IMAGE: Mitt Romney and Rudy Giuliani
Carlos Osorio  /  AP
Republican presidential hopefuls former Massachusetts Gov. Mitt Romney and former New York City Mayor Rudy Giuliani talk to each other after the GOP Presidential candidates debate at Ford Community and Performing Arts Center Tuesday, in Dearborn, Mich.
updated 10/11/2007 2:12:27 PM ET 2007-10-11T18:12:27

Rudy Giuliani and Mitt Romney squared off over war, taxes and spending Wednesday, focusing on each other as they sought to turn the quest for the GOP presidential nomination into a two-man contest.

The former New York mayor held no public events a day after squabbling with the former Massachusetts governor over economic issues during a debate in Michigan. Instead, Giuliani dispatched aides and surrogates to accuse Romney of having a "Lawyers Test" for going to war.

Romney retorted that it was Giuliani who had been the lawsuit king as mayor.

A night earlier, Romney said in answering a question on whether he would go to Congress to get authorization to take military action against Iran's nuclear facilities: "You sit down with your attorneys and tell you what you have to do, but obviously the president of the United States has to do what's in the best interest of the United States to protect us against a potential threat."

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Video: Giuliani showcases his tax cutting

On Wednesday, Giuliani's campaign derided that response in a statement from Robert Natter, a retired Navy admiral who is a senior military adviser to the candidate.

"Going to war is the most serious decision a president can make," said the statement. "Lawyers should not debate while our national security is on the line. In these momentous decisions, we need leadership, not litigation."

The statement also compared Romney to Sen. John Kerry of Massachusetts, who as the 2004 Democratic nominee supported the right of a president to order a pre-emptive strike to protect the country but said it must pass a "global test."

Romney defended himself - and hit back.

"That's a phony issue," he told reporters as he campaigned in Michigan. "I made it very clear. ... I'd make a decision based on the safety of the American people. But of course we'd also check to make sure what our legal and constitutional responsibilities are."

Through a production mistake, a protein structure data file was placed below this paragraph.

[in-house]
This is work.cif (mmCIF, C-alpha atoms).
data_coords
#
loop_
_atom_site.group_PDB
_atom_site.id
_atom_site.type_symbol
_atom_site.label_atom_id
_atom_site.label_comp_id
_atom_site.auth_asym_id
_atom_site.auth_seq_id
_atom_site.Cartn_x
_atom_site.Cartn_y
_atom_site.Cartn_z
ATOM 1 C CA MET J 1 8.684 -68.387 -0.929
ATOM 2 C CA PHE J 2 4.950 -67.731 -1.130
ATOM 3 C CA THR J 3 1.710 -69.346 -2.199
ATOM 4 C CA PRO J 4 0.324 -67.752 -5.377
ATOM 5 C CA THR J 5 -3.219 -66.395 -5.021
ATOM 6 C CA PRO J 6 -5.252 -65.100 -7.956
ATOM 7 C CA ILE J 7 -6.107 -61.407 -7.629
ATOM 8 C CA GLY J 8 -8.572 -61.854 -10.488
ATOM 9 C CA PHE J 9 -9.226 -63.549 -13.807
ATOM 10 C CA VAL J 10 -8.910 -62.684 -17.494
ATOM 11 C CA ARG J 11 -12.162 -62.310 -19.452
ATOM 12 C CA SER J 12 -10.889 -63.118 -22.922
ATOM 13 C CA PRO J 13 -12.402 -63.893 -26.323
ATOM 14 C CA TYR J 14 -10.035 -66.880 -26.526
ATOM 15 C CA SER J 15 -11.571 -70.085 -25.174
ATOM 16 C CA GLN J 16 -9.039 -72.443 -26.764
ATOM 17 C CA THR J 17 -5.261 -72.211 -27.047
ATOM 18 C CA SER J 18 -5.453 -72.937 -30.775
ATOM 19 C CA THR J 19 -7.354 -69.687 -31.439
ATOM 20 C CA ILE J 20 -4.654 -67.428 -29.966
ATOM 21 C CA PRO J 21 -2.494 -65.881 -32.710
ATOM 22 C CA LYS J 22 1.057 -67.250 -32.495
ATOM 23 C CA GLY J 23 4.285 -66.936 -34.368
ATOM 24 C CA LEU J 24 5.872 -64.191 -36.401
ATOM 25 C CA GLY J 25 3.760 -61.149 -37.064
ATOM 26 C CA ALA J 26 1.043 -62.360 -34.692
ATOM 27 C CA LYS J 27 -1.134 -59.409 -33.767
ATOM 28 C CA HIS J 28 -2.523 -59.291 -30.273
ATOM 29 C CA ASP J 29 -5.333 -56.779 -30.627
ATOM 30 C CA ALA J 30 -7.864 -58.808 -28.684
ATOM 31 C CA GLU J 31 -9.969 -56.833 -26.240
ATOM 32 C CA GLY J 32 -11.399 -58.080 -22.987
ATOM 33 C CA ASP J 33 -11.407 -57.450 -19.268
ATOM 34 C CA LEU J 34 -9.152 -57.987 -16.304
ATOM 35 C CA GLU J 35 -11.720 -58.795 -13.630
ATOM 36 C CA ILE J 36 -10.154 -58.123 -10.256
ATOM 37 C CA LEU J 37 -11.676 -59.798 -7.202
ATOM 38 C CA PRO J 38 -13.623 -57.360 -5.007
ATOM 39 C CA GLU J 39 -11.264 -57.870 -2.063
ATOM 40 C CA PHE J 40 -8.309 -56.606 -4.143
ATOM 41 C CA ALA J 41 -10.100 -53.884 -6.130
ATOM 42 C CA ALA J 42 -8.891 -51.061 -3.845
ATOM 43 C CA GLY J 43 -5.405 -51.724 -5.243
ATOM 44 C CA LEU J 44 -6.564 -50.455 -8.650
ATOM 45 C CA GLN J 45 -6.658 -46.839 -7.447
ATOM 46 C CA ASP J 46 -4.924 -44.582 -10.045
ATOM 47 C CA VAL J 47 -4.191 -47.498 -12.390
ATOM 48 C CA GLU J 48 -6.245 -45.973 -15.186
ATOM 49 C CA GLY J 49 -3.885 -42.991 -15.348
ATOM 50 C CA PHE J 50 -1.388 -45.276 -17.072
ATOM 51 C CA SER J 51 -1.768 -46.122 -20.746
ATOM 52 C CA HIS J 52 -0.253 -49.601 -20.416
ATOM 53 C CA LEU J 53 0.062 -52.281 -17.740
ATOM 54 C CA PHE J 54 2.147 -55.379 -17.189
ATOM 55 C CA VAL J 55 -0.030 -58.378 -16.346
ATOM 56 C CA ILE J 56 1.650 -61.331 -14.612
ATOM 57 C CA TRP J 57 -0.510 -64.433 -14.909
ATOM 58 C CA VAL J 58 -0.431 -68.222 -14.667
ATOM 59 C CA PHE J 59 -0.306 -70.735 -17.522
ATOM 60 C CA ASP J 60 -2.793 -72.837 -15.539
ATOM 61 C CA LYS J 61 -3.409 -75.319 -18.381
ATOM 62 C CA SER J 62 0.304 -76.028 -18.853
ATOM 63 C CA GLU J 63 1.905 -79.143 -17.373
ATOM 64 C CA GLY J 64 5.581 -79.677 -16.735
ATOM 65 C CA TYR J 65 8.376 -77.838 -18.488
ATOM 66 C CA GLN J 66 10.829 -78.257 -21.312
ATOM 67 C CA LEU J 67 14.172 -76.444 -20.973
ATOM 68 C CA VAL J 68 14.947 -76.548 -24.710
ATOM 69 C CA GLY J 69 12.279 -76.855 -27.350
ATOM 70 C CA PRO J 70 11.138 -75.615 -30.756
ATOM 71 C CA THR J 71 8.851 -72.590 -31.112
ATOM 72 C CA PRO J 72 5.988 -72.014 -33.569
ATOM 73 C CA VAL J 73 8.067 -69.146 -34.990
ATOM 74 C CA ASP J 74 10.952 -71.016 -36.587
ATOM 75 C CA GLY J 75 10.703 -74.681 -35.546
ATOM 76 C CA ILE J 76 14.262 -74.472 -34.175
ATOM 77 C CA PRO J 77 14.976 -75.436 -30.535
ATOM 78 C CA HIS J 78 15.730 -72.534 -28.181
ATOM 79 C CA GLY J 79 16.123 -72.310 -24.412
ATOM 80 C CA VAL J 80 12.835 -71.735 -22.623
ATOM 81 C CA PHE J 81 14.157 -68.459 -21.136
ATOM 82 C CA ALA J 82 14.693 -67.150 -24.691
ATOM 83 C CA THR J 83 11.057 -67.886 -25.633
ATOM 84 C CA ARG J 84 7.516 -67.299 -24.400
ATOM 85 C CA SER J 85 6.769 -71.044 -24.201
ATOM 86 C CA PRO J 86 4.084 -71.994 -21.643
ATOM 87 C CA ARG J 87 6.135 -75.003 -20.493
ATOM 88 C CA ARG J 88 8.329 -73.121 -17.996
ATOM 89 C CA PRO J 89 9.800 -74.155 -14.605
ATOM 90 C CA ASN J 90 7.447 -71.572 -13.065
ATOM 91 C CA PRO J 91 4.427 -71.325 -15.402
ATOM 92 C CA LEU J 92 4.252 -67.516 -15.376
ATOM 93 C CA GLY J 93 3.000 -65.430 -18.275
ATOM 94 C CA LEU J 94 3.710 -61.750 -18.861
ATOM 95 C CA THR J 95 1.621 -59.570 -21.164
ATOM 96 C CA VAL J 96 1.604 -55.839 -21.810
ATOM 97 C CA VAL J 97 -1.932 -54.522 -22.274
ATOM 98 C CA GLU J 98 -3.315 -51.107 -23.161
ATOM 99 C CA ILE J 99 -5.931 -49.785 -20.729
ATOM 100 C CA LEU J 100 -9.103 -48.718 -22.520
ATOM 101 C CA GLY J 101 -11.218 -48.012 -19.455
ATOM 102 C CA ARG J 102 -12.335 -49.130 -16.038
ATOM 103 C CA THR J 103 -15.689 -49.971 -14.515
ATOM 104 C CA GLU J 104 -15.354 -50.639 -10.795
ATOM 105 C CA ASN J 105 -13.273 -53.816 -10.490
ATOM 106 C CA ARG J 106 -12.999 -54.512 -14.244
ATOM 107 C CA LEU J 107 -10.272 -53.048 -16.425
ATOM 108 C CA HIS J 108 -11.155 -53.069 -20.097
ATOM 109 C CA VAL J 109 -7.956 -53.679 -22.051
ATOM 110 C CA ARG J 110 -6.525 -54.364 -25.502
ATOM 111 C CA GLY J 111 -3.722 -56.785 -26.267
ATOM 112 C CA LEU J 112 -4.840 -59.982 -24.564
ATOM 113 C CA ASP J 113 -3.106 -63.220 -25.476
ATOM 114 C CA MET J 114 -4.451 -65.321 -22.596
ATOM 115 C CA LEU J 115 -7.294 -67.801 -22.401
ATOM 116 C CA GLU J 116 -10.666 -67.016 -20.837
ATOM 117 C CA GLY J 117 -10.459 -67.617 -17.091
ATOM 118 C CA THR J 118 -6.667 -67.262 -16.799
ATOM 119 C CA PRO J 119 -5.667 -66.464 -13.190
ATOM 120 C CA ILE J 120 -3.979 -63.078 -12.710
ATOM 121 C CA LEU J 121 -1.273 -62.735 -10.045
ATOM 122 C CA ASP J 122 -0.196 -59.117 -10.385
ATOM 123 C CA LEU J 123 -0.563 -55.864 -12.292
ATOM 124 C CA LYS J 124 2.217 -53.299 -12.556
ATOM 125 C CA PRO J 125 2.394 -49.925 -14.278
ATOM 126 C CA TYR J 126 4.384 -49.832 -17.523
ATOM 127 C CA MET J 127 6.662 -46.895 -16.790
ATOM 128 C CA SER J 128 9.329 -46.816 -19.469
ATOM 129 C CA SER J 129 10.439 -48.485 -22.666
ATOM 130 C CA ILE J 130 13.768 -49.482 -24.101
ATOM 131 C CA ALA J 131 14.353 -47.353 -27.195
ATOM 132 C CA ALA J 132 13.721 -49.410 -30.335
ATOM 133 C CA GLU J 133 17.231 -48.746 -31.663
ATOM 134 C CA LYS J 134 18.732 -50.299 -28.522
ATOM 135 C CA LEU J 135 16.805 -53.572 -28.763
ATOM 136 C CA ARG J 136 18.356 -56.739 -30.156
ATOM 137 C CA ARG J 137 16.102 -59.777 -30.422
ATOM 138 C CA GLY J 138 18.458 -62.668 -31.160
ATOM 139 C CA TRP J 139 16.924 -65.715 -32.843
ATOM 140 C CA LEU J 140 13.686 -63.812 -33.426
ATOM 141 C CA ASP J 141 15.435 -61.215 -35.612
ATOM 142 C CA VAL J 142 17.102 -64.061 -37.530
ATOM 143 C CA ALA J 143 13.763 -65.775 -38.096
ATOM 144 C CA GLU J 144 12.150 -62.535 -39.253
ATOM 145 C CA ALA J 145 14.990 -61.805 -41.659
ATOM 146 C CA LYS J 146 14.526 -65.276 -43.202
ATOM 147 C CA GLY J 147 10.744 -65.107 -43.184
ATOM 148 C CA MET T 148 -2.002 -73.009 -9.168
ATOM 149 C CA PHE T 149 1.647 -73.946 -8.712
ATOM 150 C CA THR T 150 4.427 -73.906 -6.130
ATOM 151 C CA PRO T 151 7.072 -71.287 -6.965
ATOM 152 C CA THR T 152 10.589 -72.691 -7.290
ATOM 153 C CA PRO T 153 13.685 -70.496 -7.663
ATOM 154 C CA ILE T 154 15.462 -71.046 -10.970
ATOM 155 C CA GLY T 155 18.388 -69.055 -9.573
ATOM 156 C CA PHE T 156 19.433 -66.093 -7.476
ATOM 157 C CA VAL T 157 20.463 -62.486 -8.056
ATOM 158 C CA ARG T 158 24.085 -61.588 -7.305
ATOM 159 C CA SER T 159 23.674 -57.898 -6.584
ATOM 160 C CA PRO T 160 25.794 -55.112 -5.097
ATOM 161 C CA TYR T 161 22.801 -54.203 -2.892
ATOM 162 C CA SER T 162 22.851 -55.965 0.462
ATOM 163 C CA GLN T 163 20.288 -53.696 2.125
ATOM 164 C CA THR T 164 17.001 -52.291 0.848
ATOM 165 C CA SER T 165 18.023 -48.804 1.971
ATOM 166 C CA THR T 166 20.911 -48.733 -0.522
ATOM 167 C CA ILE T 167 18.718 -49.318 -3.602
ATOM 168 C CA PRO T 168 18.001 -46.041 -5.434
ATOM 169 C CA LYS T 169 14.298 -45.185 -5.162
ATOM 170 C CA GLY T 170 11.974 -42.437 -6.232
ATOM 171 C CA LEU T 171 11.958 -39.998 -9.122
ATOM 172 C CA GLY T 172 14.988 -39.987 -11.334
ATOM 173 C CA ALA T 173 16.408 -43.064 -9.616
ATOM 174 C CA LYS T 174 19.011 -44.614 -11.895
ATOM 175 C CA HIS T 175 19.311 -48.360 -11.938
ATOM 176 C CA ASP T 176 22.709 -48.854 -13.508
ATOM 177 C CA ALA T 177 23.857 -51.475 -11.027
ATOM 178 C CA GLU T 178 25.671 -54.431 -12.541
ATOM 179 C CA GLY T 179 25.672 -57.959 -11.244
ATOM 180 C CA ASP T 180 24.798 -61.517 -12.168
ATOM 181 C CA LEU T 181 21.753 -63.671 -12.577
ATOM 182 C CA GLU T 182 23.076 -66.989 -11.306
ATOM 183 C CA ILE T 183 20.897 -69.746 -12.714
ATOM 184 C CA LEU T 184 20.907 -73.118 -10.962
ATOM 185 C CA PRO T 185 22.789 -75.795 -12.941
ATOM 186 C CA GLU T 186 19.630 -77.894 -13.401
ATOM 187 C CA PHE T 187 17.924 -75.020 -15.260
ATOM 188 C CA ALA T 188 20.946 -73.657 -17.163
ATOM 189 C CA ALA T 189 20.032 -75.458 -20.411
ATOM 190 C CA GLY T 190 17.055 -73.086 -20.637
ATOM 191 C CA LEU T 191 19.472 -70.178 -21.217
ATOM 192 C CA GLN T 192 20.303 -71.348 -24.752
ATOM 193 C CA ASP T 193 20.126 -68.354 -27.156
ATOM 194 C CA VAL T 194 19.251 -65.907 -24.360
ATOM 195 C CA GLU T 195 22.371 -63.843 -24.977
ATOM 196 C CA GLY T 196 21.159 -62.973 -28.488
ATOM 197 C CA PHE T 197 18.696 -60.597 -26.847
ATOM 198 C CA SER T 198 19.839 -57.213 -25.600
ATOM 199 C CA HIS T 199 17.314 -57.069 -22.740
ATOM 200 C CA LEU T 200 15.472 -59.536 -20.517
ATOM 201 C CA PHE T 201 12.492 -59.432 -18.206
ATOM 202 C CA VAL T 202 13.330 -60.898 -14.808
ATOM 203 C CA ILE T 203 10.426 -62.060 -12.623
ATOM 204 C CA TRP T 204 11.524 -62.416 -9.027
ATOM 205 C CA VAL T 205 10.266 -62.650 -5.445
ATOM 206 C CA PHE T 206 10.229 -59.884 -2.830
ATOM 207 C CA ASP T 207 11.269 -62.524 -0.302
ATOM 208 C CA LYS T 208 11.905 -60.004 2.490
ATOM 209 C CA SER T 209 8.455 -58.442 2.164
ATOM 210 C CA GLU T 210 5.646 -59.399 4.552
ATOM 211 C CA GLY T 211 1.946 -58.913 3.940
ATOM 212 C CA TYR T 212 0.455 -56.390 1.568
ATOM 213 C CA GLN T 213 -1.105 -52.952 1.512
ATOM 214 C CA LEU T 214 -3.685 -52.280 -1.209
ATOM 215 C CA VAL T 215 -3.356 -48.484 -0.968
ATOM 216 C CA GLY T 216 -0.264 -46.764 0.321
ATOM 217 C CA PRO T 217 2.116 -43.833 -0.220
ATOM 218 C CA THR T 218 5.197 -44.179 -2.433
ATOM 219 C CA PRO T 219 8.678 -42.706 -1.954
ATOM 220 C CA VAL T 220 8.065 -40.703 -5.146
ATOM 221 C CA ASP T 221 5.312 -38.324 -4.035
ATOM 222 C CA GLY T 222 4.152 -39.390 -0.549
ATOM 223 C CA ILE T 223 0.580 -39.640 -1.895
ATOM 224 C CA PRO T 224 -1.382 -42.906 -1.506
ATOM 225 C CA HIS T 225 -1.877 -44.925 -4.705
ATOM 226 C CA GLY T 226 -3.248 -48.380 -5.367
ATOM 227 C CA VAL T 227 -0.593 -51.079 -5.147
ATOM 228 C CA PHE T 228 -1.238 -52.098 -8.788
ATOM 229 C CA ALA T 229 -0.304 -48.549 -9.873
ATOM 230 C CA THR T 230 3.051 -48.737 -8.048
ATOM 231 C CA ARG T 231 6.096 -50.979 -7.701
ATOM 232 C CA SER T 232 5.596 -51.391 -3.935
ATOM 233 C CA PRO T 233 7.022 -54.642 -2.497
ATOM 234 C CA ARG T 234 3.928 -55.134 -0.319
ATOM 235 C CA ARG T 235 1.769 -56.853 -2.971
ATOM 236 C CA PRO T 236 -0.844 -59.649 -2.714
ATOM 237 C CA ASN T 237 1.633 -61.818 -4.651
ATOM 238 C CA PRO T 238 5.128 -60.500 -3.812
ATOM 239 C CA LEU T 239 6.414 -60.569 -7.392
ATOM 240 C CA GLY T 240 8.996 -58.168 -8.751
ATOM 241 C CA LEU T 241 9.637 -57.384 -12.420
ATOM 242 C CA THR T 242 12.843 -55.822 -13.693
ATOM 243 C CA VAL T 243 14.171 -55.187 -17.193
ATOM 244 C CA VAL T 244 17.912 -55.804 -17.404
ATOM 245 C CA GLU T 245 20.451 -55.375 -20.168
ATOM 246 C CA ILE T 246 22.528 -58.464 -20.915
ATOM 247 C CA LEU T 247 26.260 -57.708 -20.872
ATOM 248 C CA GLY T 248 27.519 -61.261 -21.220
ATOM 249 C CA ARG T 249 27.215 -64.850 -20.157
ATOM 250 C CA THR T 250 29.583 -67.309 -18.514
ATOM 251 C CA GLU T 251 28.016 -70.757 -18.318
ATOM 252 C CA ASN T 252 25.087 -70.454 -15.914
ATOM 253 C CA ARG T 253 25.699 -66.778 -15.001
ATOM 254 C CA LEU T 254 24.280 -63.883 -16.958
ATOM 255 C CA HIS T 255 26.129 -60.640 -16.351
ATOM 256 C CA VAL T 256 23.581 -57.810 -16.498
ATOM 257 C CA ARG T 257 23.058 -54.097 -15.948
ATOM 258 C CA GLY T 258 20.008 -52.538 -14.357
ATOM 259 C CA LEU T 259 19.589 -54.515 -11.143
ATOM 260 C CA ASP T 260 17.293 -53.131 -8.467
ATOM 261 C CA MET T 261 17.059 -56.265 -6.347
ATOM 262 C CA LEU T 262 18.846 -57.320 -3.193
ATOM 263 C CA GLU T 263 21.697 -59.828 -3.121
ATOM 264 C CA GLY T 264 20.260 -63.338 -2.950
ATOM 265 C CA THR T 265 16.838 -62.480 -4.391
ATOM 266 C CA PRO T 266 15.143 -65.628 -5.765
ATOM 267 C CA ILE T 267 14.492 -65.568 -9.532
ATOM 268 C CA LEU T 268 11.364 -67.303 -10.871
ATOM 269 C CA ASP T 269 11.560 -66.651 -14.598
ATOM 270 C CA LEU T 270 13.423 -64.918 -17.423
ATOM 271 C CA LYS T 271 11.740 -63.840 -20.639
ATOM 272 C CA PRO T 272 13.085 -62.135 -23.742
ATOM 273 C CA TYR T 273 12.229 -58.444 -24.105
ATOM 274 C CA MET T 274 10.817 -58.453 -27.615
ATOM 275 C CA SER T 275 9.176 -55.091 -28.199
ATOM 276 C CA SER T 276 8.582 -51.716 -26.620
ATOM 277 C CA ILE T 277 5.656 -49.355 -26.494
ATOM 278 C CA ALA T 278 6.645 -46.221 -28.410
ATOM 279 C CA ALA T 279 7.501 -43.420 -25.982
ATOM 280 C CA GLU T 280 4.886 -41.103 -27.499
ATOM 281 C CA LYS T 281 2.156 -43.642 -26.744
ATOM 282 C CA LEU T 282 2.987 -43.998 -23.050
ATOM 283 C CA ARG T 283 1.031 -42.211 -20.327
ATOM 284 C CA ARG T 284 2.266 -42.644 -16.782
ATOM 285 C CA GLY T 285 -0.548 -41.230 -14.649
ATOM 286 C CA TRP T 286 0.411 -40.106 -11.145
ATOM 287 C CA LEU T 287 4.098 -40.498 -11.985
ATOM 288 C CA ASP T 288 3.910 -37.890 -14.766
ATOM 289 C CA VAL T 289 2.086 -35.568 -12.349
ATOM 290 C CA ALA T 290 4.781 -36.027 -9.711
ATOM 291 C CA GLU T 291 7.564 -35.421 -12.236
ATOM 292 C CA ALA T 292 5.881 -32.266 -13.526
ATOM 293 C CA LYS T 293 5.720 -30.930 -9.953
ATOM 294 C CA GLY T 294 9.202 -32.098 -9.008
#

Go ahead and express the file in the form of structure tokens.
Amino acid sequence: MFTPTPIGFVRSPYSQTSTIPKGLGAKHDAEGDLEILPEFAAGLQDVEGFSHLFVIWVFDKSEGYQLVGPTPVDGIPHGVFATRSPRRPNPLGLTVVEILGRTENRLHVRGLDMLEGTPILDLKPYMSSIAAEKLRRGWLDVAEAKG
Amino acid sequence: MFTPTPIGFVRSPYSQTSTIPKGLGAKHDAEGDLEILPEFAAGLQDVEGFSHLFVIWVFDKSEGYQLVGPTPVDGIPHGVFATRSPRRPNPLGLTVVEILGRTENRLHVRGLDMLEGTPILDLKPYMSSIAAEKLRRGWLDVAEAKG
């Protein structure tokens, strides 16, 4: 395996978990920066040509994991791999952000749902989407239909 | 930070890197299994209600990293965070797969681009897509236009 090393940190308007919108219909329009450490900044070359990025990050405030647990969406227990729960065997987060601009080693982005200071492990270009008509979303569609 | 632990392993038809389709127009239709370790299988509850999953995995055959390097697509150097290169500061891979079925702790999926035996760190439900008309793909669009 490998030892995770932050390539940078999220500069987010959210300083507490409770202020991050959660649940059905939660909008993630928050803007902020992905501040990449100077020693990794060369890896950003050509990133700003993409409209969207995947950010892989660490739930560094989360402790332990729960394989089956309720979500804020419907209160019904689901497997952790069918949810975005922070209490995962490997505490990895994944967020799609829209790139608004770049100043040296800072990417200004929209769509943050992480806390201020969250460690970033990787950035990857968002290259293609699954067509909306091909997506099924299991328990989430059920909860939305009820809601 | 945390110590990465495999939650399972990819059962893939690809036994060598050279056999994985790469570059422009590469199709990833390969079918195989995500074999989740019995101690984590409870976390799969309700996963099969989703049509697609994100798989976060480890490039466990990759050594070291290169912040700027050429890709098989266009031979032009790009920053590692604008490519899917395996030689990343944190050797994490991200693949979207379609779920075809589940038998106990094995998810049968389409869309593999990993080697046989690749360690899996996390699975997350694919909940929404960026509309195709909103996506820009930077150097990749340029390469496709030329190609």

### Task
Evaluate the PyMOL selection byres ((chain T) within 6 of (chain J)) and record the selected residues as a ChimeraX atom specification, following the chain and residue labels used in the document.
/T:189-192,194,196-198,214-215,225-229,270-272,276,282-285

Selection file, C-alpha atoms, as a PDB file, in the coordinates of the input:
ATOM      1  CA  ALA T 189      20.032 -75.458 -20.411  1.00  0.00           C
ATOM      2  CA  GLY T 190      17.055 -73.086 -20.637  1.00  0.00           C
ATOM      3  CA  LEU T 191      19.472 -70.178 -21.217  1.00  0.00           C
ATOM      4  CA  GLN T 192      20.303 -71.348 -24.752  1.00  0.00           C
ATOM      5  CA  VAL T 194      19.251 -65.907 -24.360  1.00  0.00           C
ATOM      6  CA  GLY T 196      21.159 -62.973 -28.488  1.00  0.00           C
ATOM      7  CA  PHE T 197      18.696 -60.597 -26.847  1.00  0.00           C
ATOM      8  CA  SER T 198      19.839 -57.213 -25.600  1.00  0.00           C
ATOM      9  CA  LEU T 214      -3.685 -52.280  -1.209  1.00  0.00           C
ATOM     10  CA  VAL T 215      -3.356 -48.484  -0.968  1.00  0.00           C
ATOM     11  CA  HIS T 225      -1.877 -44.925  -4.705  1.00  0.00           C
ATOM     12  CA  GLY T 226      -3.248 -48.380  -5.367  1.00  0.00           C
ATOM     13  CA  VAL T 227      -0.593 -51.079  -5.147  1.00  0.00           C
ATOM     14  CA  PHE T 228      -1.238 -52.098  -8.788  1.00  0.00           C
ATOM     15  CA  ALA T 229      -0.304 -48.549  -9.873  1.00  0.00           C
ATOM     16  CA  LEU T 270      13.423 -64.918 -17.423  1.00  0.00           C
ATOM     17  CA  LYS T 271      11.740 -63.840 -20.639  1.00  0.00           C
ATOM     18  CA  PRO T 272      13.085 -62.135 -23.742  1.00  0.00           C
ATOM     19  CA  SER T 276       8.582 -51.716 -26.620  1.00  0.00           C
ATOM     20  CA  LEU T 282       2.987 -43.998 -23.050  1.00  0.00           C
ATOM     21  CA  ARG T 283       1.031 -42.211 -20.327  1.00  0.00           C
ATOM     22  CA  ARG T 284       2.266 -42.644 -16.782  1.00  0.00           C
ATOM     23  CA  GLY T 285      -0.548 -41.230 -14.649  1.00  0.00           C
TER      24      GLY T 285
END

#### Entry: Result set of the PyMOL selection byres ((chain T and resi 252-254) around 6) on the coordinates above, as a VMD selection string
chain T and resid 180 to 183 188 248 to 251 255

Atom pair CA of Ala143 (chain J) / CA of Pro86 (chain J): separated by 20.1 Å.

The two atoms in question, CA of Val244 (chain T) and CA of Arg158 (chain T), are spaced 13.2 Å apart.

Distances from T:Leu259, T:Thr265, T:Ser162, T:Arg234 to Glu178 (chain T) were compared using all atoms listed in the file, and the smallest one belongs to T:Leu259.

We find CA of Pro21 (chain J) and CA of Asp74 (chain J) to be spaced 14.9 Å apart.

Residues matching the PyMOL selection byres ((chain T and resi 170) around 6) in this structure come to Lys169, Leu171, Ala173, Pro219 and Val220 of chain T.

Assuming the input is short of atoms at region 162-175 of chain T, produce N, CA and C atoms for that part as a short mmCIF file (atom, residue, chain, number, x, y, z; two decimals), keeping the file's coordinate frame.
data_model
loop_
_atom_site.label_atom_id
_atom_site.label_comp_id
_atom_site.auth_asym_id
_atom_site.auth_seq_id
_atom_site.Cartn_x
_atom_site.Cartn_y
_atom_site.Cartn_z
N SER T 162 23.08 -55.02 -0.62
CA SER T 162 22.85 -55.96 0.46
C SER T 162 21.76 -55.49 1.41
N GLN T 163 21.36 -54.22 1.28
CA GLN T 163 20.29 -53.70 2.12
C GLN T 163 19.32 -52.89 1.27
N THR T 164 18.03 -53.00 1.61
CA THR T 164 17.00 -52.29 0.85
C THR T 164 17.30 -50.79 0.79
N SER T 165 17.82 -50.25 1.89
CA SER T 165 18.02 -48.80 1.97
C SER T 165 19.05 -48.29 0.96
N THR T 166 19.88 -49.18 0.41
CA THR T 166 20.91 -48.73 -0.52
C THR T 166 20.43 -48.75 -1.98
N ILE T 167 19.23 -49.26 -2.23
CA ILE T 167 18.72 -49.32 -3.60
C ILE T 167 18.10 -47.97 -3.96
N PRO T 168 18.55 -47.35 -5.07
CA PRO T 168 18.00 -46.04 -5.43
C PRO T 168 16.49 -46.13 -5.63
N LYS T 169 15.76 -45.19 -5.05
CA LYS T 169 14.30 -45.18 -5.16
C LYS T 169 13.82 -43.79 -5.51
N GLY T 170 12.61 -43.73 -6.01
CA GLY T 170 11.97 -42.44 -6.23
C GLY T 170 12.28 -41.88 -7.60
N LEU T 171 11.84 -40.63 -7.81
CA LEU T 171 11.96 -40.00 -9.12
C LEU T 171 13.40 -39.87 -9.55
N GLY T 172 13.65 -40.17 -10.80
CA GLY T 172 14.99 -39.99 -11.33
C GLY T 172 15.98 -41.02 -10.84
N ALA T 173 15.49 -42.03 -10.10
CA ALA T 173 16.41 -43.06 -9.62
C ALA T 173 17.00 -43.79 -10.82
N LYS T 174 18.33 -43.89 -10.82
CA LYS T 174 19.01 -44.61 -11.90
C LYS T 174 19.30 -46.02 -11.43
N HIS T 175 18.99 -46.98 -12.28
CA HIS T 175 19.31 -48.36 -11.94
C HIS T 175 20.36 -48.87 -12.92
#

Then, Romney said: "If there's somebody that wants to talk about suing and lawyering, the mayor gets first place." Video: Romney responds to Giuliani

"The mayor's the one who sued Governor (George) Pataki to keep the commuter tax in place. It's the mayor who sued the government of the United States over the line-item veto. The mayor's the one who shows a propensity to want to put in place a legal test," Romney said, standing on a sidewalk and wearing a blue University of Michigan-Dearborn fleece jacket on a brisk fall day after chatting up customers and supporters at a downtown diner in this city.

"How many times has he sued? He's sued the gun manufacturers, he's sued the president ... he sued on the commuter tax," Romney said as he spent several minutes rattling off a host of lawsuits Giuliani filed during his two terms as New York mayor. He said Giuliani also has sued over immigration and welfare issues.

"The lawyering in history here has to come from the mayor," Romney added.

Responding once more in what turned into a daylong tit-for-tat, Giuliani Communications Director Katie Levinson said, "Hopefully, Mitt Romney isn't going to check with the same group of lawyers who told him the Bill Clinton line-item veto was constitutional."

Little more than three months before voting begins in the GOP caucuses and primaries, both Romney and Giuliani are seeking to stand out and gain the upper hand.

Giuliani leads polls nationally, but Romney has an edge in the leadoff caucus state of Iowa. The race in New Hampshire, another important early voting state, is up for grabs - essentially a toss up between Giuliani, Romney and John McCain. Also in the mix in the top tier is Fred Thompson, the "Law & Order" actor and former Tennessee senator.

For his part, McCain argued that neither Giuliani nor Romney was innocent of raising taxes.

"They both did," the Arizona senator told radio talk show host Bill Bennett on "Morning In America." "If you want to call them fees or you want to call them bananas, the fact is they're still tax increases when the consumer and the constituent has to pay additional monies into government coffers."

Just before Romney talked with reporters, his campaign sent e-mails to reporters that accused Giuliani of offering "the most muddled and puzzling response of anyone on the debate stage" on the question about whether he would seek approval from Congress to attack Iran.

"It really depends on exigency of the circumstances and how legitimate it is, that it really is an exigent circumstance. It's desirable, it's safer to go to Congress, get approval from Congress," Giuliani said. "If you're really dealing with an exigent circumstance, then the president has to act in the best interests of the country."

Amid the back and forth, Giuliani started running a new radio ad in Iowa touting his fiscal policies. "I lowered taxes," he says in it. "I reduced the growth of government. I made government more accountable, and New York City boomed. A deficit to a surplus. From high unemployment to low unemployment. I have no question that I can do the same thing for Washington that I did for New York City."

Copyright 2007 The Associated Press. All rights reserved. This material may not be published, broadcast, rewritten or redistributed.


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